It’s pretty threadbare when you put it down on the page, isn’t it?
And finally, let’s turn to what you call the “college insider.” Much like the buddy, this type of chair seeks to establish an overly familiar relationship with a contingent faculty member — in this case by sharing “insider” knowledge. Everyone gossips. It’s in no way surprising that a department chair would know things about the inner workings of the department or institution that an adjunct would not. The surprise is only in what this type of chair is trying to leverage by sharing gossip with an adjunct faculty member.
My suspicion here is that, in this specific form — chairs using inside dope to ingratiate themselves with a nontenure-track faculty member — one thing at play is a desire to bring the adjunct colleague into the fold: You’re one of us because I’m sharing an intimacy with you.
Yet in doing so, you as chair are also building barriers between the adjunct and potential colleagues in the department, unfairly prejudicing this vulnerable instructor against possible collaborators and allies. And of course, if you are willing to betray a tenured professor this cheaply, the adjunct will realize that they might well be the butt of your next indiscretion.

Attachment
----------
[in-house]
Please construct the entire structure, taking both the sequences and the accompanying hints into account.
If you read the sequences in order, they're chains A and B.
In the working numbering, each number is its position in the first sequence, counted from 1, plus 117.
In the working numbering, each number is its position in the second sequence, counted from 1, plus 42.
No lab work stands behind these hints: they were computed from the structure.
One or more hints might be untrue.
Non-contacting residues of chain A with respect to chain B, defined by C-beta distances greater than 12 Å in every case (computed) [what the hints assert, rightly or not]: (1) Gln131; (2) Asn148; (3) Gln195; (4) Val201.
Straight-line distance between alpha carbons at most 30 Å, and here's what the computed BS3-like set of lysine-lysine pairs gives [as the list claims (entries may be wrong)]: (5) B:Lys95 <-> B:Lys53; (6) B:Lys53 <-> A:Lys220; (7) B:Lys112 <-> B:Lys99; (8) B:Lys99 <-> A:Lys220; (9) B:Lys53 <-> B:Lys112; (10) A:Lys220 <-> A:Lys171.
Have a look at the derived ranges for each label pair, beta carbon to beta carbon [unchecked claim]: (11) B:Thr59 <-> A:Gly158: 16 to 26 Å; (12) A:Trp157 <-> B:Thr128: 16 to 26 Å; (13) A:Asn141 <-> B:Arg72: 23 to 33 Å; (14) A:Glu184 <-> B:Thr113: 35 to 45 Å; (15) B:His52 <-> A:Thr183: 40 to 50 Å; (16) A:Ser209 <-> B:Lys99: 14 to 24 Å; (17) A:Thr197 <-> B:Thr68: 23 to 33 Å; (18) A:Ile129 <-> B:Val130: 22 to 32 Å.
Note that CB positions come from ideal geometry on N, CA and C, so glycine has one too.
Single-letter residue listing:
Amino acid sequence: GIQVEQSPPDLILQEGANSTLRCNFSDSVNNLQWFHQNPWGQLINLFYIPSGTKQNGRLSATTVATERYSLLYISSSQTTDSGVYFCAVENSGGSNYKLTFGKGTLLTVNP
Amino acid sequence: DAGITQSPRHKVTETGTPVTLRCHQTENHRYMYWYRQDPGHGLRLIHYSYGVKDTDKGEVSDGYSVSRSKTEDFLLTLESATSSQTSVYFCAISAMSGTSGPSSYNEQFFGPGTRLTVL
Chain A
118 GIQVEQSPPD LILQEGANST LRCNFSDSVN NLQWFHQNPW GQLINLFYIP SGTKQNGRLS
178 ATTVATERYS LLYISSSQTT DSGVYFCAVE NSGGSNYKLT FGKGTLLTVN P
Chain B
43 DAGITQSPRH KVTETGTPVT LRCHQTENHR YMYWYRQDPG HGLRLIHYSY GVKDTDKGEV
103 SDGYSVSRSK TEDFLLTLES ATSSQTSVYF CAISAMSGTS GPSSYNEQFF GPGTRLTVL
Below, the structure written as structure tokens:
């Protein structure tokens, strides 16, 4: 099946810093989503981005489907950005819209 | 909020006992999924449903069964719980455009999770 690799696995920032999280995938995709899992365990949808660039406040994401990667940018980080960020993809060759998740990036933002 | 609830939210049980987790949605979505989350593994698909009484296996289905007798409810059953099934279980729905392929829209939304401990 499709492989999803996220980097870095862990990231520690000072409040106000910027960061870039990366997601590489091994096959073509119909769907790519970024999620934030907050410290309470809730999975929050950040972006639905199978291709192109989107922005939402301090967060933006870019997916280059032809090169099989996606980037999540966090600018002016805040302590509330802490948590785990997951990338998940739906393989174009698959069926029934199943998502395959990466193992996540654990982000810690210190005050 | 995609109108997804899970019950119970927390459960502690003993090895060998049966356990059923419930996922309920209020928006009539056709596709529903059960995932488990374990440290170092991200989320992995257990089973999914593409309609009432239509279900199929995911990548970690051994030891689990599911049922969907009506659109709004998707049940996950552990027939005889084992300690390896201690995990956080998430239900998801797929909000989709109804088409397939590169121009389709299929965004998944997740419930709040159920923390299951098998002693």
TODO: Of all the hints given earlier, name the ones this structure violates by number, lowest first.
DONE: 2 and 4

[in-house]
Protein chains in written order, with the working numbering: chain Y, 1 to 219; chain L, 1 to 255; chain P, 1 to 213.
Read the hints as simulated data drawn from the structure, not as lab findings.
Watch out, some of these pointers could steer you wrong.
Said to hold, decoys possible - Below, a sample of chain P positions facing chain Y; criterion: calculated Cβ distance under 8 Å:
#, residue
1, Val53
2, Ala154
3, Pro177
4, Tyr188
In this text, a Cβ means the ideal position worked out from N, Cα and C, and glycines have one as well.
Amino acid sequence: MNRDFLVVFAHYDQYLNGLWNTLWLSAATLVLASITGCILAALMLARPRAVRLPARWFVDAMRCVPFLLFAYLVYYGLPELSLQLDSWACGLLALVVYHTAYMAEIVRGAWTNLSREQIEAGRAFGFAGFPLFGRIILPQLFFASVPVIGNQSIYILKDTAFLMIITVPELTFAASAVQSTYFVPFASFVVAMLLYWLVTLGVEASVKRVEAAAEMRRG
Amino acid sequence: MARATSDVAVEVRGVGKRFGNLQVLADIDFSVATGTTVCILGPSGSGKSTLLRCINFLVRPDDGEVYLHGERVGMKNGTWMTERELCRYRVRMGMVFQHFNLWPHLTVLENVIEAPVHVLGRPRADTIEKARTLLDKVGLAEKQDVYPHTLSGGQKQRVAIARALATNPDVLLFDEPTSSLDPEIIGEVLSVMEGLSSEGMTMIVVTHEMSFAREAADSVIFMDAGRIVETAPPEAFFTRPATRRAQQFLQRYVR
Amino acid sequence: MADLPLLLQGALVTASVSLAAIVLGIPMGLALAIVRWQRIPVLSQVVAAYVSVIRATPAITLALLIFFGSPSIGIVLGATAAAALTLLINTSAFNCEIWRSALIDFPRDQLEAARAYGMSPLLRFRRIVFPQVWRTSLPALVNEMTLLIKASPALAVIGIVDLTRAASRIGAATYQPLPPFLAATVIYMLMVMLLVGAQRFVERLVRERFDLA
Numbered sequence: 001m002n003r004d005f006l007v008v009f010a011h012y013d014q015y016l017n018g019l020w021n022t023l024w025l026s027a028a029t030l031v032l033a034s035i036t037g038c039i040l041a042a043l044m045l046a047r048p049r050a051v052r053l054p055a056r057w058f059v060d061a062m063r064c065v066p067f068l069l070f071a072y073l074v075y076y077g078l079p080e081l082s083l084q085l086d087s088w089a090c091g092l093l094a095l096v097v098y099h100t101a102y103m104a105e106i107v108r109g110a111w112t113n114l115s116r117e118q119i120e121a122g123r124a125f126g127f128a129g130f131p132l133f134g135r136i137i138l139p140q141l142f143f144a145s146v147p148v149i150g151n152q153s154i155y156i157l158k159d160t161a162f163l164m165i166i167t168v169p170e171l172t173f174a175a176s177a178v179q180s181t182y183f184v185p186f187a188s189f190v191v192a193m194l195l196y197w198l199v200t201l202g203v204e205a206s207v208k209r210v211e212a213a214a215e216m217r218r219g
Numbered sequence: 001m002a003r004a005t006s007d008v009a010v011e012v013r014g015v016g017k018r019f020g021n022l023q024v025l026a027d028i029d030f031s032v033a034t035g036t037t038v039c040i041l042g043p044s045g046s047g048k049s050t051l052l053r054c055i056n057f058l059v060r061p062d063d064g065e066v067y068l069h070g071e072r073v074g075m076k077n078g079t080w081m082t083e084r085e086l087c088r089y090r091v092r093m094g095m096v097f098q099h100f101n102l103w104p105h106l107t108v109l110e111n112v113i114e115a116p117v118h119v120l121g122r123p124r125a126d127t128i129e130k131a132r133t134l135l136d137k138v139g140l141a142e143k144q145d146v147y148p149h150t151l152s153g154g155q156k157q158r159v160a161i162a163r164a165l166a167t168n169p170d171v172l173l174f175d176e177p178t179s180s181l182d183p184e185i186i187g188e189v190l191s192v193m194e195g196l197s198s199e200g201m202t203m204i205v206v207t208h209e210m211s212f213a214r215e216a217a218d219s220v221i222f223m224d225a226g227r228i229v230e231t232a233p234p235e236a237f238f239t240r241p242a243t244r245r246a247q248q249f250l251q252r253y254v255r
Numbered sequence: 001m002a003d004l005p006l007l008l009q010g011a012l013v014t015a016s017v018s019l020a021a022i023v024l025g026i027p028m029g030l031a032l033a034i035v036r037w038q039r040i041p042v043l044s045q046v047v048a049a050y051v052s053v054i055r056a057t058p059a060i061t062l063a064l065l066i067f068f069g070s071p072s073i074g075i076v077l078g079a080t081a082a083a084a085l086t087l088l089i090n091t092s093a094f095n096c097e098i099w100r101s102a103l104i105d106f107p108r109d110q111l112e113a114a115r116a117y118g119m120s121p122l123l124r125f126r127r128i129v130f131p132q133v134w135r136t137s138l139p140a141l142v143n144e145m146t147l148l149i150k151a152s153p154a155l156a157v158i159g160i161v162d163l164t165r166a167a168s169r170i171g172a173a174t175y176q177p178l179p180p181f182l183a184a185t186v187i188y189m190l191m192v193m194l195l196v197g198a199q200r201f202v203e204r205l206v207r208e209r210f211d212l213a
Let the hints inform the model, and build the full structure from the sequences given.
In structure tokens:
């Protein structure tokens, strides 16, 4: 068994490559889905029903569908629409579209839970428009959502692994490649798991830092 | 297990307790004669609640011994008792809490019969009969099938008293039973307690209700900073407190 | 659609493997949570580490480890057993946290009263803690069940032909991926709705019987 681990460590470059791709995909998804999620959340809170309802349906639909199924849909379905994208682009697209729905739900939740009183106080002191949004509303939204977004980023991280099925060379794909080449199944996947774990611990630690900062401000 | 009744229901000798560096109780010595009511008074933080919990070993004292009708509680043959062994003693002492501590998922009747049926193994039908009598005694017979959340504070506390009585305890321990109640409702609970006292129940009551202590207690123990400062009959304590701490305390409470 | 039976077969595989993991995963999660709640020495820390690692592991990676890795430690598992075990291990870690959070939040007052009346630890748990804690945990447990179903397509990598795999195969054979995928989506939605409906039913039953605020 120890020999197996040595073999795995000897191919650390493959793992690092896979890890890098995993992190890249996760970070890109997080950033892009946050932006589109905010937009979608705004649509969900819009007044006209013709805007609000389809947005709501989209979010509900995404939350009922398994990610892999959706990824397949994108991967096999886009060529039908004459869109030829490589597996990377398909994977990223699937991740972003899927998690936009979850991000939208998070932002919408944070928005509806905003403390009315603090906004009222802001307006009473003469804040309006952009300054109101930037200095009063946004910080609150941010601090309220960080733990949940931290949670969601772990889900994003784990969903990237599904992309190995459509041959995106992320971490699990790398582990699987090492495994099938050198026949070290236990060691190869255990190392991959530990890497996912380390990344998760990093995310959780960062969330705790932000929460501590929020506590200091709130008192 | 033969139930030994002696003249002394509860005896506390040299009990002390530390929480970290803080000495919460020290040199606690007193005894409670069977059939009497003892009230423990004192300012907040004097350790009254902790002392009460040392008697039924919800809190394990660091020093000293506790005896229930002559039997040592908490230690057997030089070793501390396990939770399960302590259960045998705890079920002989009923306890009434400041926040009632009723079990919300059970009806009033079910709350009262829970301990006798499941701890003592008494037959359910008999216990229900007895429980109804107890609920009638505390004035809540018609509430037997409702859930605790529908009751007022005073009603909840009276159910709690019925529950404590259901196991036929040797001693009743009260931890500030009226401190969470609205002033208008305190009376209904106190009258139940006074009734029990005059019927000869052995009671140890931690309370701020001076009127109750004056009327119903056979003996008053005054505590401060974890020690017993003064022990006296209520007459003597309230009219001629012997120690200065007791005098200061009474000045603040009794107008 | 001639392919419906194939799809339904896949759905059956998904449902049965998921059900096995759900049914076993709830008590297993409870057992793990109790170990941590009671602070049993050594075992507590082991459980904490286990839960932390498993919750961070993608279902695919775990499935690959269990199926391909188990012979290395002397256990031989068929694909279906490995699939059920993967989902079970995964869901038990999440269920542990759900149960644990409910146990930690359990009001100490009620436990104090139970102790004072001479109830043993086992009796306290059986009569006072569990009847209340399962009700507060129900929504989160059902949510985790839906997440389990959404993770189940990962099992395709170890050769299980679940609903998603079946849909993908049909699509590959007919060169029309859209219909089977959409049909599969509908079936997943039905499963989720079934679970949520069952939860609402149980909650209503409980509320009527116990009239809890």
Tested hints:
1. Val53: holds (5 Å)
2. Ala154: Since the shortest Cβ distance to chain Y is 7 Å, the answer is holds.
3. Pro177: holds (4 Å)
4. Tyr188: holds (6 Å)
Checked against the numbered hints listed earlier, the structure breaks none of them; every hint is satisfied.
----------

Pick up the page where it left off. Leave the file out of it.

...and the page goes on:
As for our correspondent: It’s not hard to see why you’re Heading for Burnout. And it’s surely no consolation to know that these three types of dysfunctional relationships exist between chairs and tenure-line faculty, too. In my book, I write that one synonym for chair is “designated grown-up”; in your current position, it sounds like you’re the one serving in loco parentis to your chair.
If we assume, for argument’s sake, that your chair means well — that these inappropriate postures are some kind of psychological compensation for an inability to provide the kind of work environment that the chair knows you deserve — perhaps it would help to raise the issue of working conditions for adjuncts at a department meeting. Sparking a conversation that is less about the chair’s personality and more about what reforms to lobby for to the senior administration might make the campus a better place to work for everyone.
And if your chair does not mean well — if these behaviors are just the power trips of someone with relatively little institutional authority — then I’d most certainly request an exit interview with the dean on my way out. No matter how desperate the institution might be for departmental leadership, such a person should not have power over any faculty member’s well-being.
I’ll close with a resource on this front that was brought to my attention by James Grossman, executive director of the American Historical Association. The AHA posted a detailed memo for history chairs on best practices for supporting adjunct instructors.